The global demand for solar energy derived electricity has seen exponential growth over the last twenty years, annualized at a rate of 30 percent per year, while the costs of supplying that demand has experienced a similarly rapid decline, especially over the past five to ten years. The fall in installation costs has been the result of improvements in the manufacturing processes, the increased efficiency of solar technologies and of course as a result of economies of manufacturing scale.
When first identified as a viable renewable source of energy, photovoltaic solar panels (PV) were supported by government programs around the world offering incentives and feed-in tariffs in order to incentivise companies to invest and develop the technology. Much of the initial growth in PV was driven by these programs, especially in Europe, with Germany being particularly active in driving development and installations. This demand saw production levels increase and costs dramatically declined.
China has since taken the lead role in the development and manufacture of solar PV, with the technology experiencing exceptional worldwide growth. Solar PV is now competing increasingly well with conventional sources of energy, even with the governmental support for the technology being phased out.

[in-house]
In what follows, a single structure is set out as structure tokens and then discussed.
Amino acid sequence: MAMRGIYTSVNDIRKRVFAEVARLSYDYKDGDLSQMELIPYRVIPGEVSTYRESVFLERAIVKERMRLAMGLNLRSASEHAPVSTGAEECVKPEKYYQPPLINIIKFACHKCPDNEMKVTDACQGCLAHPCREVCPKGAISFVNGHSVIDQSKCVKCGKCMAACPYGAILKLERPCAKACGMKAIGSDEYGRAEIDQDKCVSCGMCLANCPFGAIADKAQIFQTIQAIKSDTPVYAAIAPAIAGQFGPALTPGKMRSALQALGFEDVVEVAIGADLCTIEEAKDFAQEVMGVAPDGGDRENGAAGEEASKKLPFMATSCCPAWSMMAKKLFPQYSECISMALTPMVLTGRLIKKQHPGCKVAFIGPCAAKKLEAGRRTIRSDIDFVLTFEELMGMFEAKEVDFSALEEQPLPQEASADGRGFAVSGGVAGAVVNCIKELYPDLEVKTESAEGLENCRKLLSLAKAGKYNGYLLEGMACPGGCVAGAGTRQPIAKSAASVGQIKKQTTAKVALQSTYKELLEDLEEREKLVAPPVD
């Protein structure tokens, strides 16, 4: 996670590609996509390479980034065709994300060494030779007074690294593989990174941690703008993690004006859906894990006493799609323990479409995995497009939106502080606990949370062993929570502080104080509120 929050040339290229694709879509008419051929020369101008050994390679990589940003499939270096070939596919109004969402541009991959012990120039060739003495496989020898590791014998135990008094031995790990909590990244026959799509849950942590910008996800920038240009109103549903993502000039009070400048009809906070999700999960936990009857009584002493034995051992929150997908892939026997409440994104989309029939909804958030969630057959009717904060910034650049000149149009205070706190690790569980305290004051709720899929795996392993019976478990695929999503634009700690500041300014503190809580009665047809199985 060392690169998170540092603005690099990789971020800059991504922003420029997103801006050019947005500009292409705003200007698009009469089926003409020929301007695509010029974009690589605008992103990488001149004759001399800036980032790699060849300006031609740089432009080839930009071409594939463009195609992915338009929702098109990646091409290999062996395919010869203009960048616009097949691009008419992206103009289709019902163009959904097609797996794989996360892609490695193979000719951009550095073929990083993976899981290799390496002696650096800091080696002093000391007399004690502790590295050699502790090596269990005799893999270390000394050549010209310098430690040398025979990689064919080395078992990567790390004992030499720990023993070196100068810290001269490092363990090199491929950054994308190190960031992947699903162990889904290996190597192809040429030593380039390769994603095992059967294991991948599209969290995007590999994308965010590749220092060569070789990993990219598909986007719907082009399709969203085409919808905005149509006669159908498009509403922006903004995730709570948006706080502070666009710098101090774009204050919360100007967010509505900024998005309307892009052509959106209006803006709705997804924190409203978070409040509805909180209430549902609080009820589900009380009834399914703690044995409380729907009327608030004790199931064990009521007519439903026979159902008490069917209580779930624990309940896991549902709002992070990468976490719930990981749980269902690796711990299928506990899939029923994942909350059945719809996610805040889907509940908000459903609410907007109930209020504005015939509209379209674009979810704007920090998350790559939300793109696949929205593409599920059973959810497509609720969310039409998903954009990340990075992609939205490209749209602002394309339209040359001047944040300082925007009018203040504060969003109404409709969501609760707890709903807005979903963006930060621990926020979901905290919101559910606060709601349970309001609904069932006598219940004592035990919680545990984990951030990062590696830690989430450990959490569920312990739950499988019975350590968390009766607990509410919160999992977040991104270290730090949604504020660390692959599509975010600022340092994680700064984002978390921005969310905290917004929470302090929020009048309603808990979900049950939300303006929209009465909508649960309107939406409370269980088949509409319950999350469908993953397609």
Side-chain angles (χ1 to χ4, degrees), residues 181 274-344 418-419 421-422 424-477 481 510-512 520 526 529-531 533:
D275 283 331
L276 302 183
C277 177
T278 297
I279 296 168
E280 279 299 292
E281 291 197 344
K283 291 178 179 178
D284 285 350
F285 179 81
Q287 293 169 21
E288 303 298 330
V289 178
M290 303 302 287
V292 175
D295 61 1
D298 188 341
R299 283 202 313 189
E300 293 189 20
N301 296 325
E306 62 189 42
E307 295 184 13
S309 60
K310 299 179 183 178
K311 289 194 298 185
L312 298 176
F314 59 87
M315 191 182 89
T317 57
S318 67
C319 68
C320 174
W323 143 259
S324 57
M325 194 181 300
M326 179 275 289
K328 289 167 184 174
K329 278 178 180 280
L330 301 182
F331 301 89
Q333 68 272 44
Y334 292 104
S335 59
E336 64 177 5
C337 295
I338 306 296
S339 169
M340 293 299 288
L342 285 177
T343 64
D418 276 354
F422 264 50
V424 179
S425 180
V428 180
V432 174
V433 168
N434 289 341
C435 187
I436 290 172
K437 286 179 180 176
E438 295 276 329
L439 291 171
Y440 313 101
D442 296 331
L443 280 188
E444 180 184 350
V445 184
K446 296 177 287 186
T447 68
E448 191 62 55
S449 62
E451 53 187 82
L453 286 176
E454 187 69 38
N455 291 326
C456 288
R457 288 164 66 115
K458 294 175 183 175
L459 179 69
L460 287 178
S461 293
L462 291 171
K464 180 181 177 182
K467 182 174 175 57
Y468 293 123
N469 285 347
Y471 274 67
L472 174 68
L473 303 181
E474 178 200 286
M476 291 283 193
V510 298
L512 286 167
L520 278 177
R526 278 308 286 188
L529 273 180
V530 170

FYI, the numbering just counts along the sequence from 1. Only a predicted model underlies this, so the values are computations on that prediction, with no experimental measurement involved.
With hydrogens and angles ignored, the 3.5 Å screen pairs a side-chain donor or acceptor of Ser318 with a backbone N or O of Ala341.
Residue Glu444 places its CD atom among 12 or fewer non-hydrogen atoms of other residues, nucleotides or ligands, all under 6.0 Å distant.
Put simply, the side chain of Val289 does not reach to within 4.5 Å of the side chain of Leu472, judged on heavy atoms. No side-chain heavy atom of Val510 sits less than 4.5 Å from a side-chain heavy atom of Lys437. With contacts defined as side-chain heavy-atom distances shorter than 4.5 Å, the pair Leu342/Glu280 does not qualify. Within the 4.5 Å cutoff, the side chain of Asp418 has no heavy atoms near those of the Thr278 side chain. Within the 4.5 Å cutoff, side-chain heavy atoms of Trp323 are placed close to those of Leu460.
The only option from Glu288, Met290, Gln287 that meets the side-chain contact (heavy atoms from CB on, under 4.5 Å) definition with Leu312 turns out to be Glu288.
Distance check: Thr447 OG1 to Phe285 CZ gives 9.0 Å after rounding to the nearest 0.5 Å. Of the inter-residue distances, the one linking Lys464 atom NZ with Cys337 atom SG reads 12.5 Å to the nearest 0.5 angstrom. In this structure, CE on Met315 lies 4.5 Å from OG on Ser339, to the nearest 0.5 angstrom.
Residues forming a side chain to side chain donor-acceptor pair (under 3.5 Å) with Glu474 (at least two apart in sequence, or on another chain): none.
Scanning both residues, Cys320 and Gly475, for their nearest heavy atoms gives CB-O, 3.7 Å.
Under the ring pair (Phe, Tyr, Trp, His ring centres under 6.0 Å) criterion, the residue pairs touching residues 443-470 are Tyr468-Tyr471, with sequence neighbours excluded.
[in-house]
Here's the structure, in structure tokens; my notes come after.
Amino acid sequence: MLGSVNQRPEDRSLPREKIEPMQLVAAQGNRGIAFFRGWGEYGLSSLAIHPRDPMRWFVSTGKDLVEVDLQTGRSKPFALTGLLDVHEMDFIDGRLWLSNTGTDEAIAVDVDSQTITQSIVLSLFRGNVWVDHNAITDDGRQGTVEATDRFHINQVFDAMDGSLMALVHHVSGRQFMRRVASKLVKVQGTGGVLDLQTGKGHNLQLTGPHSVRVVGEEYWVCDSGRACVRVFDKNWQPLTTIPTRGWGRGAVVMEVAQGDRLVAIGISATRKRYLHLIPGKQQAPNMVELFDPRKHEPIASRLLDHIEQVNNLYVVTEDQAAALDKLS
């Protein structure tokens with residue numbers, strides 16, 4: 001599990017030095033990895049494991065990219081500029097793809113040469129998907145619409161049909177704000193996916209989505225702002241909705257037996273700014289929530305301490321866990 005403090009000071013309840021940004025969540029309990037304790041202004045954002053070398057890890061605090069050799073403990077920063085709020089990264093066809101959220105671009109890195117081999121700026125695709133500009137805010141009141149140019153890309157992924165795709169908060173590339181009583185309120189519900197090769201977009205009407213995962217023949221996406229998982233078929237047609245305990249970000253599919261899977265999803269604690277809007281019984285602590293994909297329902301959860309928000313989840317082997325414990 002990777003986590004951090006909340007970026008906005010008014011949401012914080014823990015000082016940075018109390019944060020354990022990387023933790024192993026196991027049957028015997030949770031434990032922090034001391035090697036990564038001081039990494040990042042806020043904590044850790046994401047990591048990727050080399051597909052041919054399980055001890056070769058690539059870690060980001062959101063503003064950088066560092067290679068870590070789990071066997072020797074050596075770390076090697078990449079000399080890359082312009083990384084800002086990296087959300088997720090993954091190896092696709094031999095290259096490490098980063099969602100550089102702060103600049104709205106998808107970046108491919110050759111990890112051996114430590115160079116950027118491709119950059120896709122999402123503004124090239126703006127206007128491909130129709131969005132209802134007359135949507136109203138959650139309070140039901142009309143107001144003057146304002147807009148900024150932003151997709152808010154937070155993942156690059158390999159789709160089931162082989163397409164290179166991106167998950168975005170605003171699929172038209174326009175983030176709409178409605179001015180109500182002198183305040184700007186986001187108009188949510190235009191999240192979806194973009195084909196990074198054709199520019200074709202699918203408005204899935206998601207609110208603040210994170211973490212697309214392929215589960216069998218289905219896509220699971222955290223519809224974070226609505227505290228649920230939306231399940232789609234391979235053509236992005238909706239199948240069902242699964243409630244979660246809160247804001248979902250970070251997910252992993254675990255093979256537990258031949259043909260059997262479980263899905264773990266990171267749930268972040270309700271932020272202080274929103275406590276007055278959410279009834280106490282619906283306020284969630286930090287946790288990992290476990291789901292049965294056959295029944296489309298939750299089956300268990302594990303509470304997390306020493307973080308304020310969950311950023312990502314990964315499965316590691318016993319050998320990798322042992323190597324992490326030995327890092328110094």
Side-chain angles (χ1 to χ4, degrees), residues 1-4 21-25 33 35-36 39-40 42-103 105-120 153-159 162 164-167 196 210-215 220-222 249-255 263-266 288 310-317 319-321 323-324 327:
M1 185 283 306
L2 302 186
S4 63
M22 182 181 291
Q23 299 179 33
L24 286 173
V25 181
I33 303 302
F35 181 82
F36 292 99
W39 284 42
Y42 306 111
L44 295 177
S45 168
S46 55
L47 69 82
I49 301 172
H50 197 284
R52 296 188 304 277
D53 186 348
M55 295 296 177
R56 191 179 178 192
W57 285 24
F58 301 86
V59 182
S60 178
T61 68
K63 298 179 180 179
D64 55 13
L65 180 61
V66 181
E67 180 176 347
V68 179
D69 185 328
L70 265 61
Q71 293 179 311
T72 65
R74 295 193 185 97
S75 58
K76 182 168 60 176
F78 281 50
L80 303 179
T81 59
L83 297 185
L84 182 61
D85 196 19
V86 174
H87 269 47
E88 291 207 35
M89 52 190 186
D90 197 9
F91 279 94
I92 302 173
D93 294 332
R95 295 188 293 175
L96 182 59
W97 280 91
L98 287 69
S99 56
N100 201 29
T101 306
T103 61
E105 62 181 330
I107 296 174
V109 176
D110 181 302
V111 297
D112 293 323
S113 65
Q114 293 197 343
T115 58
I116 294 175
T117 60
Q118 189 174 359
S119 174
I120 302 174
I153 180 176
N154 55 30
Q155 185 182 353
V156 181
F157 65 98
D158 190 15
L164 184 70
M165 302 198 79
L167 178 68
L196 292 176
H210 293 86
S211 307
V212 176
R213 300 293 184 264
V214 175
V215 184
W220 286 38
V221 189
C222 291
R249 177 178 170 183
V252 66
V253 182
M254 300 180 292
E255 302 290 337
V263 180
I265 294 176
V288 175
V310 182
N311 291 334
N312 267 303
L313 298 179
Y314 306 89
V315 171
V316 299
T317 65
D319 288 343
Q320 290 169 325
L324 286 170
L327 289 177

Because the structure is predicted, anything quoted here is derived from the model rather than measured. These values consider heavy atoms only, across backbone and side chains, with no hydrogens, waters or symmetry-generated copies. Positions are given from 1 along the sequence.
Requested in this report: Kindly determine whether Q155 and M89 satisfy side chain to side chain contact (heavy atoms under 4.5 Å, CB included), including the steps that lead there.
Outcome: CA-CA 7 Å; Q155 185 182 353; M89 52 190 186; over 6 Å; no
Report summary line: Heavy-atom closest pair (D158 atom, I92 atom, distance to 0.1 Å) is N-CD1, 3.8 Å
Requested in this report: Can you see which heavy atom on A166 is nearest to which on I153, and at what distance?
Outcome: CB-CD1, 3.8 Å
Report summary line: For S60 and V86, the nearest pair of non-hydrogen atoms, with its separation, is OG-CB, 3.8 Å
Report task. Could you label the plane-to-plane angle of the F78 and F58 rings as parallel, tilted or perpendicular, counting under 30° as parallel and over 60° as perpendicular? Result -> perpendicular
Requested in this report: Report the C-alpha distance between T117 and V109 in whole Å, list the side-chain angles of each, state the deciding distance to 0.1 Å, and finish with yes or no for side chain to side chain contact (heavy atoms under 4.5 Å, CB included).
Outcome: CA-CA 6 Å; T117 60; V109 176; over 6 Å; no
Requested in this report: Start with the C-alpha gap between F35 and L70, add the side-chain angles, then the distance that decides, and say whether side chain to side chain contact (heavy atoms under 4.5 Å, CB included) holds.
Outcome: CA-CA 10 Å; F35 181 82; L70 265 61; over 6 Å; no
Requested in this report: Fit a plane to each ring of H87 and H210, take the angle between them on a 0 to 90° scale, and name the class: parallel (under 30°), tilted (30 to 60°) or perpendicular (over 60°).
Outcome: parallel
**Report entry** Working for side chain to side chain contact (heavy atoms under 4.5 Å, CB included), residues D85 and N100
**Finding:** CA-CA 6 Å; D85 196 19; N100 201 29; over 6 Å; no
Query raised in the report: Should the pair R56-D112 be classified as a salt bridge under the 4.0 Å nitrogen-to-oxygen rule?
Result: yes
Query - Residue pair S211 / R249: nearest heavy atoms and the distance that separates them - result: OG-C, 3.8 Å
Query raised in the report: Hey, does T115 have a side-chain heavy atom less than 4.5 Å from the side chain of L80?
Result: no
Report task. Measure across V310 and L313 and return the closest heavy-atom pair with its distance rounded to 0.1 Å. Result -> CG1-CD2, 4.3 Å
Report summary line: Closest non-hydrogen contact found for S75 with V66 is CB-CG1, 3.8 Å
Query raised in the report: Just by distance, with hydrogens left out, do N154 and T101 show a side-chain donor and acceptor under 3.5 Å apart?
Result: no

2013 saw an all-time record of solar PV deployments, with more than an additional 38 GW (38,000 MW) of capacity installed, an increase of around 28 percent over 2012. Total deployed solar PV capacity reached 139 GW, an increase of 38 percent.
* Due to the 2014 data not being finalized yet, we have to rely on forecasts for that data.
The consensus expectation for solar PV deployments for 2014 is for between 46 GW and 50 GW of capacity to have been added to global electricity grids last year, a roughly 20 percent increase over 2013’s record year and an increase of more than 33 percent in total deployed solar capacity. Global solar generation capacity now lies at approximately 186 GW, exceeding 1 percent of the world’s total energy supply for the first time.
China and Japan are the primary growth drivers, accounting for as much as 14 GW and 11 GW of installed capacity respectively (and 33 GW and 25 GW respectively of total cumulative solar capacity). China is experiencing an incredible end of year surge in installations, after an easing of government bureaucracy in September, with as much as 9 GW of solar PV capacity expected to have been installed in the fourth quarter of 2014 alone. The U.S is expected to have installed 7 GW of additional capacity in 2014, bringing their total deployed to 19 GW. The U.K. is the largest European installer for 2014, and fourth globally, bringing more than 3 GW of new capacity into the grid.
Germany’s new installations declined in 2014, down more than one third from the previous year at just over 2 GW of new capacity. However they still remain the largest cumulative supplier of solar electricity, with more than 38 GW of installed capacity, amounting to seven percent of net electricity consumption.